Andrew Dys

April 11, 2014

Rock Hill Special Olympics features athletes, but helpers win too

More than 1,100 athletes competed in the Area 11 Special Olympics in Rock Hill on Friday.

The athletes who could run ran. Those who could walk walked. Those in wheelchairs rolled.

Everybody who competed finished. Everybody tried.

For more than 1,100 athletes from York, Chester, and Lancaster counties competing at the annual Area 11 Special Olympics Friday at Rock Hill’s Cherry Park, there were no losers.

Everybody won.

Even those who didn’t compete – the helpers, the volunteers – they won, too.

Huge groups of volunteers from businesses and government offices and more made up the 900-plus volunteers it takes to pull off these wonderful games.

But one group from Clover High School didn’t volunteer just Friday. They’ve been volunteering all year.

They call themselves the Special Olympics Fans at Clover, and this high school activity group is the fan club and cheerleaders for disabled fellow students who compete in the Special Olympics.

Each week, these 15 students meet with disabled kids in special needs classes. The fan club members go to gym class with their special peers. They go to dances with them. They hang out. They laugh and talk and cheer.

“We want these kids we go to school with to feel included like everybody else,” said John Slaven, 18, the fan club president

On Friday morning, each of Clover’s special athletes had a partner in the fan club. The partners held the athletes’ hands and walked them from event to event.

John’s partner was Ryan Mahoney, 18.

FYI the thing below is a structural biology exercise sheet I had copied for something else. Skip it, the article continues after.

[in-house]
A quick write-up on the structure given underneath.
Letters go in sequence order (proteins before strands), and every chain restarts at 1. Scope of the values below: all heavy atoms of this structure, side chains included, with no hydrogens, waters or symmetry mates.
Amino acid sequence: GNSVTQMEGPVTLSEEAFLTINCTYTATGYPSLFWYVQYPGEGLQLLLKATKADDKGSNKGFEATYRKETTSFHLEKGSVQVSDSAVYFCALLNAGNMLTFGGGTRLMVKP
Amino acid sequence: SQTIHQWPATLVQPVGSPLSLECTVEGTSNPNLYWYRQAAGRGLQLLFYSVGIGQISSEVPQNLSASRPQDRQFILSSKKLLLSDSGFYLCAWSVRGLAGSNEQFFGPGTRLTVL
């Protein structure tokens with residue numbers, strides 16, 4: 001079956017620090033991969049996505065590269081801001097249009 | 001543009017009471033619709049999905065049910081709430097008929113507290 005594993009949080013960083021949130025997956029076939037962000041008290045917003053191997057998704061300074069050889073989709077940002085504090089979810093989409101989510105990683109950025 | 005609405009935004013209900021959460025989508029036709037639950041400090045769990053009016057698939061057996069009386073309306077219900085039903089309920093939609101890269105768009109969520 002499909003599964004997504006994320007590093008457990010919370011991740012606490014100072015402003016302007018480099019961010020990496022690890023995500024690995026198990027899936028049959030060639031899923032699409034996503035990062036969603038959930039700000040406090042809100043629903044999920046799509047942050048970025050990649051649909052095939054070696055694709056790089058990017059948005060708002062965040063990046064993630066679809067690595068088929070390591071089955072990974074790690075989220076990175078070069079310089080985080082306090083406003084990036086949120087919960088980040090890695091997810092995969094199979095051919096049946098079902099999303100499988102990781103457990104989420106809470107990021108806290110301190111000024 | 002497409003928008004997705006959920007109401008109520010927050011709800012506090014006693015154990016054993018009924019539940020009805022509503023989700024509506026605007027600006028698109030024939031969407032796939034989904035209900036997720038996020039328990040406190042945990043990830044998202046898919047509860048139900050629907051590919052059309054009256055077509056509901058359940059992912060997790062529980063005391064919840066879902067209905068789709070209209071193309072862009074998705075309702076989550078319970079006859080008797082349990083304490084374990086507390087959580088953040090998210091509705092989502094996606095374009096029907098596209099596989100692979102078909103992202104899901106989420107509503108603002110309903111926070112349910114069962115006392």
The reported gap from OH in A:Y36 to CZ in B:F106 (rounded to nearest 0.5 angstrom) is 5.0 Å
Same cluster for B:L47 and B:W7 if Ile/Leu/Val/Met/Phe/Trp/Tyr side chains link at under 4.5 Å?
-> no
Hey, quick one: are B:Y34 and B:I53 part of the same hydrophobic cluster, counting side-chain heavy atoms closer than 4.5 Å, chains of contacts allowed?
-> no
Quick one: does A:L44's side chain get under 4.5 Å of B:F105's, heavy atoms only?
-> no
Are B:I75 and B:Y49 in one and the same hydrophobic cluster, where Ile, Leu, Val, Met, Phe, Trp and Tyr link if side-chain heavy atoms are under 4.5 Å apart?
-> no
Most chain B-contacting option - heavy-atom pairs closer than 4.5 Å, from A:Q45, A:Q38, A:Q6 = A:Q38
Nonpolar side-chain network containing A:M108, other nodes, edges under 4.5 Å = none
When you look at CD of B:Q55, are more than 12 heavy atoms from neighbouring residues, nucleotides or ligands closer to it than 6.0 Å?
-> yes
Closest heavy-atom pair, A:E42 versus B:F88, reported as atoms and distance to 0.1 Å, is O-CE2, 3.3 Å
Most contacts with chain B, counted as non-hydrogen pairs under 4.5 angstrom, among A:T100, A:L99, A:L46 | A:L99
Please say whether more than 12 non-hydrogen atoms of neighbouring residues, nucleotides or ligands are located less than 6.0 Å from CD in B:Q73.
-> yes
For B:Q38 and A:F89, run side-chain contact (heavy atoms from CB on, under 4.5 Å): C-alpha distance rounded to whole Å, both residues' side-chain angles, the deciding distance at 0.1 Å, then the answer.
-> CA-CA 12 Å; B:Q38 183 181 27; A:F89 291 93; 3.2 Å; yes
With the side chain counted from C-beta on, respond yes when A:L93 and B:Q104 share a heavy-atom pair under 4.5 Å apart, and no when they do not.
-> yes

“I am proud to call Ryan my friend,” he said.

Ryan just plain beamed at having such a friend. He held John’s hand tight.

The whole group stood before more than a thousand people and sang the national anthem. The song never sounded better.

Andrew Collins, 17, had as his partner Kendall Harrington, also 17. Kendall can’t talk. His disability is severe. But Andrew did not care. He held Kendall’s hand and walked him to the starting line of the 100-meter dash – and then ran the race with him.

“I can’t describe what I learn from Kendall and all these Special Olympics athletes,” Andrew said, “but I can tell you I get a lot from them, and it is awesome.”

One of these Clover partnerships goes deeper than school ties. These partners are always partners. Taylor Melton, 20, a Special Olympics athlete for years, was accompanied by 10th-grader Alyssa Williams – her sister.

“This whole experience is just wonderful,” Alyssa said. “I am so proud of Taylor for all that she does.”

When Taylor ran – and she ran fast – Alyssa was there at the finish line. Taylor won her race.

Alyssa won that race, too.

At each event station, there were small platforms for the finishers to step up onto and receive medals, just like in other Olympics.

When Taylor was set to get her medal, the times got mixed up. Taylor was supposed to get gold; Maddie Thomas, her friend from school, silver.

The volunteer announced things the wrong way. The wrong medals were given.

Almost immediately, everybody realized the error. Maddie moved down to the silver spot and got her silver. Taylor stood at the top and got her gold.

Neither complained. There were no tears, no outcry, no officials worrying about a crisis.

Maddie and Taylor, special needs classmates at Clover High School, taught the world a lesson from that podium.

They hugged. They held hands and smiled smiles that covered all of Cherry Park.

Their partners stood together, too. The whole place clapped and cheered.

Emily Haught, 14, was Maddie’s partner. When Maddie ran, Emily ran. When Maddie finished, Emily won, too.

“I am so proud of Maddie and so proud she is my friend,” Emily said.

They left the podium together. They held hands and marched into their futures, together.

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